The Slaughter: Mass Killings, Organ Harvesting, and China’s Secret Solution to Its Dissident Problem
The inside story of China’s organ transplant business and its macabre connection with internment camps and killing fields for arrested dissidents, especially the adherents of Falun Gong.
Mass murder is alive and well. That is the stark conclusion of this comprehensive investigation into the Chinese state’s secret program to get rid of political dissidents while profiting from the sale of their organs–in many cases to Western recipients. Based on interviews with top-ranking police officials and Chinese doctors who have killed prisoners on the operating table, veteran China analyst Ethan Gutmann has produced a riveting insider’s account–culminating in a death toll that will shock the world.
Why would the Chinese leadership encourage such a dangerous perversion of their medical system? To solve the puzzle, Gutmann journeyed deep into the dissident archipelago of Falun Gong, Tibetans, Uighurs and House Christians, uncovering an ageless drama of resistance, eliciting confessions of deep betrayal and moments of ecstatic redemption.
In an age of compassion fatigue, Gutmann relies on one simple truth: those who have made it back from the gates of hell have stories to tell. And no matter what baggage the reader may bring along, their preconceptions of China will not survive the trip.
ABOUT THE AUTHOR:
Ethan Gutmann’s research into Chinese Internet surveillance, the Laogai System, and the intersection of Western business with Chinese security objectives has received sustained attention for almost 15 years now. Ethan Gutmann has provided testimony and briefings to Congress, the Central Intelligence Agency, Geneva’s International Society for Human Rights, the United Nations, and the parliaments of Brussels, Ottawa, and Canberra. More recently its been Dublin, Edinburgh, Cardiff and Westminster. Ethan Gutmann has spoken at universities and press clubs around the world. Once a year he’s asked to supply soundbites for a television network: PBS, CNN, BBC, or CNBC.
Ethan Gutmann has written for the Asian Wall Street Journal, Investor’s Business Daily, The Weekly Standard, National Review, World Affairs Journal, and other publications. My article “The Xinjiang Procedure” received the highly coveted “Sidney Award” from David Brooks at The New York Times and won a Browser “Leaderboard” competition for the most popular long-form essay of the year. The research for my current, almost-completed, book The Slaughter was supported by the Earhart Foundation, the Peder Wallenberg family, and the National Endowment for Democracy.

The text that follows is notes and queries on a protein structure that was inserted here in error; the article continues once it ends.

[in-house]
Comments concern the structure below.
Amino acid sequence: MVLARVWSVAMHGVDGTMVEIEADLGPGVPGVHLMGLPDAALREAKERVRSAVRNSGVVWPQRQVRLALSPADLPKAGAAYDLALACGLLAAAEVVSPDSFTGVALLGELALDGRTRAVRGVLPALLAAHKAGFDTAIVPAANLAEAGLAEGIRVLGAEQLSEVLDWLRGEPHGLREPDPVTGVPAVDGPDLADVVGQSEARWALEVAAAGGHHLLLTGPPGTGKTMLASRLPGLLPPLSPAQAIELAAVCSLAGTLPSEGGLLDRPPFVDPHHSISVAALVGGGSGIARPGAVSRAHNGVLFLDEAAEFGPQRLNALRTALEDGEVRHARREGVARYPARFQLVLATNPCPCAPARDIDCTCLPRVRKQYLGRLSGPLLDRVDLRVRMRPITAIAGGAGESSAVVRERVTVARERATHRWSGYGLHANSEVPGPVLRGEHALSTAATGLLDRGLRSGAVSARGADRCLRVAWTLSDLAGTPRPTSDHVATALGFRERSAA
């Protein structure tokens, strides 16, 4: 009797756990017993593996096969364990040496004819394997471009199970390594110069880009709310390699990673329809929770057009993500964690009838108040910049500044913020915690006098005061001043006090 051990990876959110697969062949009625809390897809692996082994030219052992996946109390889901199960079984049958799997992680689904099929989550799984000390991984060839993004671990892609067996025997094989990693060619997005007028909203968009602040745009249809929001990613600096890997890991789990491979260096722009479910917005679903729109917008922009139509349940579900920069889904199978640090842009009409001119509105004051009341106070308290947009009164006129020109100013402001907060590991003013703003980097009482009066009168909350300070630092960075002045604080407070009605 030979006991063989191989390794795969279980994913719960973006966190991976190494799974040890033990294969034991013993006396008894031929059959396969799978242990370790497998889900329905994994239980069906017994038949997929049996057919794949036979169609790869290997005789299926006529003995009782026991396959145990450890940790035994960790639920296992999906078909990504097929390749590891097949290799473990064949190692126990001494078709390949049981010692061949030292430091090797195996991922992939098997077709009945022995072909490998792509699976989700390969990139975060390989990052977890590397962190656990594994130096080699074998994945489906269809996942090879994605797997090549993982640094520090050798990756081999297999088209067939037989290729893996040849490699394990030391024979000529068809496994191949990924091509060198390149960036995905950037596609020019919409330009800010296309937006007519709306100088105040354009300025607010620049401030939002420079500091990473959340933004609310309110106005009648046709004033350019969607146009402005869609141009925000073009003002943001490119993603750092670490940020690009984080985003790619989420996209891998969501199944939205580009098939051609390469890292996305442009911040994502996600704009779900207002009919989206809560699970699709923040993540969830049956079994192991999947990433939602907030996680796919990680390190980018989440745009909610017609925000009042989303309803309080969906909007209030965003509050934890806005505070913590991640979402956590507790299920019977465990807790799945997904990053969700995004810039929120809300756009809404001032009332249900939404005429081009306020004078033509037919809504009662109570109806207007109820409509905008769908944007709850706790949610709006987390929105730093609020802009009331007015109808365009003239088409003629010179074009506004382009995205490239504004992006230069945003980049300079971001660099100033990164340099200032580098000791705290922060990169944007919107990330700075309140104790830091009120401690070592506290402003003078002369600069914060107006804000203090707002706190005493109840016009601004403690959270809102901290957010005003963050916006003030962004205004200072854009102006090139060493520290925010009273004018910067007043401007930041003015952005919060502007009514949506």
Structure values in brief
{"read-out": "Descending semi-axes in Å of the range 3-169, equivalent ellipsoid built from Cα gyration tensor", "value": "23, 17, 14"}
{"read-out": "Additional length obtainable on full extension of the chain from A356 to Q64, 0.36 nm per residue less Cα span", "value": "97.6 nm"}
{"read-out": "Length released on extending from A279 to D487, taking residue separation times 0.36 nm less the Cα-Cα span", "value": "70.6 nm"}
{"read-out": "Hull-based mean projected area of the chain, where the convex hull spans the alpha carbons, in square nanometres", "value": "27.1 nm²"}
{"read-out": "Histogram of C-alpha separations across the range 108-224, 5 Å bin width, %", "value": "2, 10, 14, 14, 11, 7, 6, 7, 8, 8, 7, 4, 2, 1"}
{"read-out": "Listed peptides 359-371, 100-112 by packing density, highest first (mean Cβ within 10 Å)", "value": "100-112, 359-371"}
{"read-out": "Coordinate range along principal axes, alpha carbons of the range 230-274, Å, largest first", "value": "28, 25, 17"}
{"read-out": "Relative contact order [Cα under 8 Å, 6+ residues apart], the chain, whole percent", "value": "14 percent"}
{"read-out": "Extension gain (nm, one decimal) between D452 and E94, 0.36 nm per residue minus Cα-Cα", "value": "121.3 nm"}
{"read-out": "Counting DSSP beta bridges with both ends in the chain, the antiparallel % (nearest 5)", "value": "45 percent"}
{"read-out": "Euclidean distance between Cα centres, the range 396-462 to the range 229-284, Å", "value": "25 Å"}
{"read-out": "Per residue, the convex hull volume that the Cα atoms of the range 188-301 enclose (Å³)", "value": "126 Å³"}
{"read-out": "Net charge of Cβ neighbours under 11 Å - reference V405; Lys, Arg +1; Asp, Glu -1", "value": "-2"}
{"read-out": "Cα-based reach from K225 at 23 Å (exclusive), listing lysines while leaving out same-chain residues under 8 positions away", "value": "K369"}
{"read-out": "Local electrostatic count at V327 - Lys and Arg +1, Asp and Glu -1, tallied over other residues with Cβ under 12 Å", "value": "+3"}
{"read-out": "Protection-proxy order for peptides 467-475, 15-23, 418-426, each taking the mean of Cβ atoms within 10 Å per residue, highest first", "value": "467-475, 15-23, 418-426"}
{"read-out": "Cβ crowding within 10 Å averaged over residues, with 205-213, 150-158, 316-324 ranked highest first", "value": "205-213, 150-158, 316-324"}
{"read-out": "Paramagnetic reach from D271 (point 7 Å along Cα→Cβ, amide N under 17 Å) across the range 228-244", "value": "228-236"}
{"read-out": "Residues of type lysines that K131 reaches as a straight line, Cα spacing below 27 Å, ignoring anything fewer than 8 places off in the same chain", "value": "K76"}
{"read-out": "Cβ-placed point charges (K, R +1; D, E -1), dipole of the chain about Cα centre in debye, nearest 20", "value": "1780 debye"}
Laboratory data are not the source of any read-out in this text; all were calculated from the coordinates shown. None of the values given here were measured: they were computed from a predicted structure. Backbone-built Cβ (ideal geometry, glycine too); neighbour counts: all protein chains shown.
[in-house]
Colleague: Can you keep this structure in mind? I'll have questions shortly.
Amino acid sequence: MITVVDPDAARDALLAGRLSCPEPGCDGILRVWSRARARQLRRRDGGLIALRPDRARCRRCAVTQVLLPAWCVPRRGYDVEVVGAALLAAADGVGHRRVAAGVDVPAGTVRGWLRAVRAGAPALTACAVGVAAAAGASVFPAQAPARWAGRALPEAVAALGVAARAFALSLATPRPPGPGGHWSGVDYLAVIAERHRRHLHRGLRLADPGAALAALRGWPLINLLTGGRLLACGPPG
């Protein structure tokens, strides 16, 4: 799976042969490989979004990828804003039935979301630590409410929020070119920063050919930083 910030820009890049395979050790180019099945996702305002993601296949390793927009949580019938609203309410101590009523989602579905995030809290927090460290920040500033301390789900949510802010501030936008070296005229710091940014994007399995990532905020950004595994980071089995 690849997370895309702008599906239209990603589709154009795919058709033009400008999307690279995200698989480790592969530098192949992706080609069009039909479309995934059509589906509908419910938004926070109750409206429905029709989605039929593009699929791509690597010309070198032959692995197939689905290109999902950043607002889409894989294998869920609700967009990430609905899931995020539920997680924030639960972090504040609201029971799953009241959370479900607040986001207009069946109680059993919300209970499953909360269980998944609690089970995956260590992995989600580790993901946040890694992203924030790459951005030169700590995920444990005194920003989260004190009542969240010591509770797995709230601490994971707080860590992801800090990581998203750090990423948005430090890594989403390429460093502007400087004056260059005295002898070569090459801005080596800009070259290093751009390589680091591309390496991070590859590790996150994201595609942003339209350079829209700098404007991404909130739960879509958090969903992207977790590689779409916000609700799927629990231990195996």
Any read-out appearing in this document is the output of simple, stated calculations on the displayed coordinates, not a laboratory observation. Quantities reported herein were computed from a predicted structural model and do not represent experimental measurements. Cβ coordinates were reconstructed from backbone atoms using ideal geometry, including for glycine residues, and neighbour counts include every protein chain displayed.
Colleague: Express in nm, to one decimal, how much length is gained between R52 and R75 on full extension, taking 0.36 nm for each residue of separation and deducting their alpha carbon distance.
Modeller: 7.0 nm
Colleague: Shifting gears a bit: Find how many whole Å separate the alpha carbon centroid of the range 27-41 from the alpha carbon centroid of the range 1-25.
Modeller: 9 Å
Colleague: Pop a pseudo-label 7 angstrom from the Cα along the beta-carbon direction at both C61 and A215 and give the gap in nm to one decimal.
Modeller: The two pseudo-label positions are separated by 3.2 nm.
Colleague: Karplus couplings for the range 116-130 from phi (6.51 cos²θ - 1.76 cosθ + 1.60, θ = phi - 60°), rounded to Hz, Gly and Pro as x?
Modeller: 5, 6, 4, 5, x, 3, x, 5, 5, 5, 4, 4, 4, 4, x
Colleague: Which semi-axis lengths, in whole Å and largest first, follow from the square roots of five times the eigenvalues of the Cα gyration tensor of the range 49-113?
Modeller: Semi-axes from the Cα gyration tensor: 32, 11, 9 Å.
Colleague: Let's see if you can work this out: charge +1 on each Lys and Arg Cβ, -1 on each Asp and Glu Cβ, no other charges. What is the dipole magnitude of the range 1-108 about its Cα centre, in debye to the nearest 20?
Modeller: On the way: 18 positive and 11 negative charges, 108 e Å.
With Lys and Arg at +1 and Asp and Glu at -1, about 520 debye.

Ethan Gutmann’s first book, Losing the New China won the 2005 “Spirit of Tiananmen Award.” Back in the day Ethan Gutmann was a senior counselor at APCO China, the premier public affairs firm in Beijing. As chief investigator for the AV television network in Washington DC during the 1990s, he directed the flagship “American Investigator” documentary series. At the Brookings Institution during the 1980s, he crunched numbers as a foreign policy analyst, and he completed my BA and a Master of International Affairs at Columbia University.
“This book will be banned in China. And that is a tragedy.”
—Chen Guangcheng, Chinese civil rights activist
“The Slaughter is gripping, horrifying, infuriating—and utterly compelling. If you care about China, if you care about human rights, if you care about human dignity . . . read this book.”
—William Kristol, editor, Weekly Standard
“A shocking account filled with detailed personal research, carefully weighed, of a gruesome aspect of China’s economic boom. Ethan Gutmann reveals how the organ-harvesting business symbiotically developed out of the fierce retribution meted out to the Chinese Communist Party’s enemies—Uyghurs, Tibetans, and above all Falun Gong practitioners—and has helped make the China gulag profitable.”
—Jasper Becker, author of Hungry Ghosts: Mao’s Secret Famine
“Drawing on extensive interviews and patient compilation of numbers, names, places, and dates, Ethan Gutmann reports China’s shocking persecution of prisoners of conscience, including torture in prisons and labor camps and organ harvesting for profit. Some chapters make for gruesome reading. All shout out the need for accountability.”
—Congressman Chris Smith, chairman of the Africa, Global Health, Global Human Rights, and International Organization Subcommittee
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